Walk The Plank Promotions hosted their second show of a very busy weekend on Sunday night at The Banshee Labyrinth, Edinburgh which saw San Francisco punks Nothington return to Scotland for the first time in over three years. “Borrowed Time”, their last LP, is one of my very favourite punk records thus far this decade and I hadn’t seen them since Fest 10, so I was very excited. Papa D and Jonny Domino picked Abbie and I up around half 5 and we made our way to the capital. We met up with Jamie and found our recommended-by-Boab falafel shop closed, so settled on the old favourite that is The City Cafe; always a good choice for pre-show scran. Once finished, we headed round to The Banshee (my mozzarella, tomato and basil bloomer was excellent btw).
Our good friend Andy Chainsaw opened the show playing purely acoustic on the floor to the side of the stage and had (I think) already played a couple of songs before we appeared, but we arrived in time to catch the majority of his set. Andy was in full voice and belted out his grizzled punk tales of woe with ever-present passion and gusto that seems to grow with each performance. Nervousness may masquerade as self-deprecating humour at times and ending on a new song then forgetting how it goes isn’t the ideal, but Andy pulled it off with his usual charm and provided a warm, fitting opening to a mixed bill in the cosy confines of The Banshee. Andy will be touring later in the year so keep yo peepers peeled. You can get the “High Windows and Low Tides” EP for free from here.
Next up were those nutters in Shatterhand who were wrapping up a weekender after playing with No Contest and Sink Alaska in Stirling on Friday night then running the first all-ages matinee show in Falkirk on Saturday (check out Tub Thumper Promotions) and they were on fire. Seriously, Shatterhand exhibit more passion and energy than most bands half their age, marrying gobby snarled punk rock with incredible guitar-work and some of the wildest, hardest drumming you’re ear likely to see. Honestly, Brian “Big Baby” Hastings is an absolute beast on the kit, sitting in tight with the thumping running bass underpinning the whole thing. In between booze-fuelled bangers like “Brewdog Nights” and “The Tenpercenters”, Shatterhand are also a fiercely independent yet thoughtful entity, something often missed, as evidenced by the discussion and subsequent reaction to the song “Paradigm Shift”. Rather than regurgitate or paraphrase, here’s what the guys had to say about it (from their facebook);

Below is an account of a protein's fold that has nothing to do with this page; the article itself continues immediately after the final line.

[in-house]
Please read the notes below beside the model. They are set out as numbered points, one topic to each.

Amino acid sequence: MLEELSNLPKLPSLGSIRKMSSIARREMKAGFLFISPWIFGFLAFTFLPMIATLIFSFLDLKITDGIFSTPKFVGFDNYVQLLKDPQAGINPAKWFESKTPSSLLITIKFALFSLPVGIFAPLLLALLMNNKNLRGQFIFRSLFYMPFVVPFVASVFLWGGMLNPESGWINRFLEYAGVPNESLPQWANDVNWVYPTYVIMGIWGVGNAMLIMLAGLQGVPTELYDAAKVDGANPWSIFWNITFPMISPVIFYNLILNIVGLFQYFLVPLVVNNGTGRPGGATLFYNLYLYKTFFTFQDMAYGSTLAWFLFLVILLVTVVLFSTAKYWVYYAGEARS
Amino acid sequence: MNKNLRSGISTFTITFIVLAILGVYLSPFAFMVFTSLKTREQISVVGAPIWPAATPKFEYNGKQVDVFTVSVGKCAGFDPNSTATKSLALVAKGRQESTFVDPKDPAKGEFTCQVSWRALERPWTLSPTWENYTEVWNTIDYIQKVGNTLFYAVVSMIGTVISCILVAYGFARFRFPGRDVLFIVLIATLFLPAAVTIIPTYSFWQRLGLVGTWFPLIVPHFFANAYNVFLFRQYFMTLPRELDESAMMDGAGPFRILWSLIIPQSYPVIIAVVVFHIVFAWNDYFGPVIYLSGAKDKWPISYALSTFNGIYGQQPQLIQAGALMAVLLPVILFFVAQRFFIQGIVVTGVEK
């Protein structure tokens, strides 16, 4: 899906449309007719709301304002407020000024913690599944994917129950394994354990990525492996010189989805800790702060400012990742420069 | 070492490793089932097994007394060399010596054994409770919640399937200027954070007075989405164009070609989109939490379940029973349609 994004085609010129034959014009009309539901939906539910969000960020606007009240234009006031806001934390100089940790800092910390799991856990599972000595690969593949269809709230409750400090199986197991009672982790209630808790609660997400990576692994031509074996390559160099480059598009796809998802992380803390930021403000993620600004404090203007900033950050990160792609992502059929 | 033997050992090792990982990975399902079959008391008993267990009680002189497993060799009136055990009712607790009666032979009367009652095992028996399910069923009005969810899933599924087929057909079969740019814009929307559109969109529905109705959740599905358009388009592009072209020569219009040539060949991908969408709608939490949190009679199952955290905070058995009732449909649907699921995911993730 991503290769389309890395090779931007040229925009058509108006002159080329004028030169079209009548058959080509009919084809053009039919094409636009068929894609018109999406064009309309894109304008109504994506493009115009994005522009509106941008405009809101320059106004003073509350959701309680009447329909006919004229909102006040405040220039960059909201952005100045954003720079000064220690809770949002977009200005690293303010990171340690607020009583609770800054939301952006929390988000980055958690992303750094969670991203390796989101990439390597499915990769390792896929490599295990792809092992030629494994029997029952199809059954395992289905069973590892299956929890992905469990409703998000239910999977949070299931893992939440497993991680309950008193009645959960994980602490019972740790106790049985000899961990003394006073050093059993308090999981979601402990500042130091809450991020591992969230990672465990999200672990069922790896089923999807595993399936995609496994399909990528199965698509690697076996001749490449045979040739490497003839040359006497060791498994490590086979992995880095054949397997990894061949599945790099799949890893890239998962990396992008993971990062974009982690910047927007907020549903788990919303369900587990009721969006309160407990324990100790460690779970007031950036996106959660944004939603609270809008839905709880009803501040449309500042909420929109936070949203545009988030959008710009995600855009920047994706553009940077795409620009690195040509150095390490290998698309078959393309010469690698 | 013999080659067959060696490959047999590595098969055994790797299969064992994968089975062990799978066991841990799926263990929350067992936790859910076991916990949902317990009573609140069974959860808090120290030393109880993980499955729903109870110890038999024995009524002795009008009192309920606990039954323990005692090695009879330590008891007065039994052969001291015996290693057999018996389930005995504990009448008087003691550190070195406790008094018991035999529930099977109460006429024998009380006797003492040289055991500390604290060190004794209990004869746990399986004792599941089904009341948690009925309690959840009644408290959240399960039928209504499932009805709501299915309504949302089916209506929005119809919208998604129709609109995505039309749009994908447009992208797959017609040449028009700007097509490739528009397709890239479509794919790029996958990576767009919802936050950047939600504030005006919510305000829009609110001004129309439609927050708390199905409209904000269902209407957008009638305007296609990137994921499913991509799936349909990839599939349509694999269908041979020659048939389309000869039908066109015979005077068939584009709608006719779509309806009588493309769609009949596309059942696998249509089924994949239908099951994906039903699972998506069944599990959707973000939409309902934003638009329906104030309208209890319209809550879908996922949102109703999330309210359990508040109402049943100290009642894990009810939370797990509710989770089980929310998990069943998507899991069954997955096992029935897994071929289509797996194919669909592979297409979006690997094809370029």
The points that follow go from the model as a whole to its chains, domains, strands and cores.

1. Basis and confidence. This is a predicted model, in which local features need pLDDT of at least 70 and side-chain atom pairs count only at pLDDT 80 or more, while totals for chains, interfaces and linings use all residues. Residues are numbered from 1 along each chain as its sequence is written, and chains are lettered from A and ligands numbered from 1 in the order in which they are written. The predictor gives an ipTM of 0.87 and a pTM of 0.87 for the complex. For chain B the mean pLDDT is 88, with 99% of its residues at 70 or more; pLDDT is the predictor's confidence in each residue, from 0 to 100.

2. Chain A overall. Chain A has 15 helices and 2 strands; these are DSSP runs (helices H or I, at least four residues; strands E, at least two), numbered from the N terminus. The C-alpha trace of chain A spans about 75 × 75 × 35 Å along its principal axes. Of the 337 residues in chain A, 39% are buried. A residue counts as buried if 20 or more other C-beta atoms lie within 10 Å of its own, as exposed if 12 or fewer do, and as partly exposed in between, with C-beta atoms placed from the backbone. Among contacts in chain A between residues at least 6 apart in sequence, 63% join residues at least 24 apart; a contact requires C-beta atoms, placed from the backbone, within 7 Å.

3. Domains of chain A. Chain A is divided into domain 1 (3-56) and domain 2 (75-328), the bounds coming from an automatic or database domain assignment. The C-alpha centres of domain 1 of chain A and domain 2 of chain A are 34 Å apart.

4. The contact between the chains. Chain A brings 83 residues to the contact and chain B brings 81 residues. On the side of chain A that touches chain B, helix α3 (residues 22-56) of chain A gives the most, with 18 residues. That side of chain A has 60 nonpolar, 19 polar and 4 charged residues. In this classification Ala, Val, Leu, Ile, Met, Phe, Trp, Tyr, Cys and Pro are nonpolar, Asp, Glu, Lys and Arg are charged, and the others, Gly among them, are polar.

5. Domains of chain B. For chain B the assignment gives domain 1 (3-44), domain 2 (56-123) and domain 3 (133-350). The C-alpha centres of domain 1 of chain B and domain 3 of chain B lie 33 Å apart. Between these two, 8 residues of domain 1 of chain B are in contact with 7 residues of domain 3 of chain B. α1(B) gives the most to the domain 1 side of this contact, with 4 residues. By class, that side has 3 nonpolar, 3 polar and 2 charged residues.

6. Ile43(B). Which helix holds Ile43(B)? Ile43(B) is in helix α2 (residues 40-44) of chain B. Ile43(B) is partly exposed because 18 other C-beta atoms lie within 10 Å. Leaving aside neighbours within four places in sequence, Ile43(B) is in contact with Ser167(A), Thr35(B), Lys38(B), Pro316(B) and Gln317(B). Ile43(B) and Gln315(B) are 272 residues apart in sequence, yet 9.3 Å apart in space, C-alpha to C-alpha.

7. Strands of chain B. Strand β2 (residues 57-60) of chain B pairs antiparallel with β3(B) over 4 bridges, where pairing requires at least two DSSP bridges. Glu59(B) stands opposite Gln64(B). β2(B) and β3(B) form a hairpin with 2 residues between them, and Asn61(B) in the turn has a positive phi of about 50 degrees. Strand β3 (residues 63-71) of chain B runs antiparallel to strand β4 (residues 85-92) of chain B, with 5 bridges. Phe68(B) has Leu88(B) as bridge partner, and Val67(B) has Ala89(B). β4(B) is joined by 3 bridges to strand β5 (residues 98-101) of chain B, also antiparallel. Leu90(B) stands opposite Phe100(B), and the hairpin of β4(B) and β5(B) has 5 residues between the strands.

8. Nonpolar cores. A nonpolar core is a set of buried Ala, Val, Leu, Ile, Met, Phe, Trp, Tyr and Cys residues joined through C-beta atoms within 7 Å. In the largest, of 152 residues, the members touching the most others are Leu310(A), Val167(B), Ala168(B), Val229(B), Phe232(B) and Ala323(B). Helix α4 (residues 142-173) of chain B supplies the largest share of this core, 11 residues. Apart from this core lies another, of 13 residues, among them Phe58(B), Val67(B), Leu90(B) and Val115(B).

“Mike’s Tattoo – The words are from our song “Paradigm Shift” which was written with a genuine positive intent and to show support with a friend struggling with suicide issues. It is intended to reach people in kindness and we hope that people can talk openly about the subject without judgement and know that they are not alone when they are at their darkest moments. If you’re at one of our gigs and we try to start a discussion about suicide before playing this song it is in no way intended to upset or offend, but rather to bring it into the open and to just talk about it like rational human beings who all have failings, limitations and face their demons every day and we hope it gives the song some context. Respect and Unity!”
A punk rock show isn’t a class room just as a stage or floor isn’t a pulpit, but I guess the ideal is that the best parts of punk rock are about the open exchange of ideas, safe spaces for all and tolerance. The key word there is “ideal”; if you’re going to be tolerant of ideas that you support, you have to be prepared to be tolerant of those ideas that you don’t support. Freedom of expression means freedom of expression for all. Punk rock should mean freedom across the board. I don’t know exactly what I’m getting at (well, I do, I’m just not articulating my thoughts very well), but I can only describe my perception of an atmosphere; there were some WEIRD VIBES BRO. Regardless, Shatterhand were rocking and Dave is a wizard of a guitarist and was playing slide with a Brewdog bottle at one point. Rare!
The Banshee was getting progressively busier as the evening rolled on and the place was pretty much packed by the time Bonehouse hit the floor. While they may have initially seemed a strange choice of support for a gruff punk show, there is no denying that Bonehouse are one of the finest bands in the country and their blend of intricate guitar work, soaring harmonies and paint-stripping screamo vocals really hit the spot, as always. Vocalist Dave was apologetic about his vocals, complaining of a sore throat (full sympathy from this guy) but he needn’t have been; the band were tight (as always), with drummer Iain laying the strongest foundation you could hope for with his solid, technical and progressive style. He makes it look so easy too. This was another exemplary performance from the lads and watching Sean writhe and wriggle whilst the band belt out the three-way vocals is always a treat. A whole room singing along with “The Bonehouse Summer Jam” and it’s hook of “In spite of it all she’s unable to tell the time” is always a goosebumps-inducing moment, this night being no exception. The crowd was increasing in rowdiness by the end of their set and I’d say it was a solid victory across the board.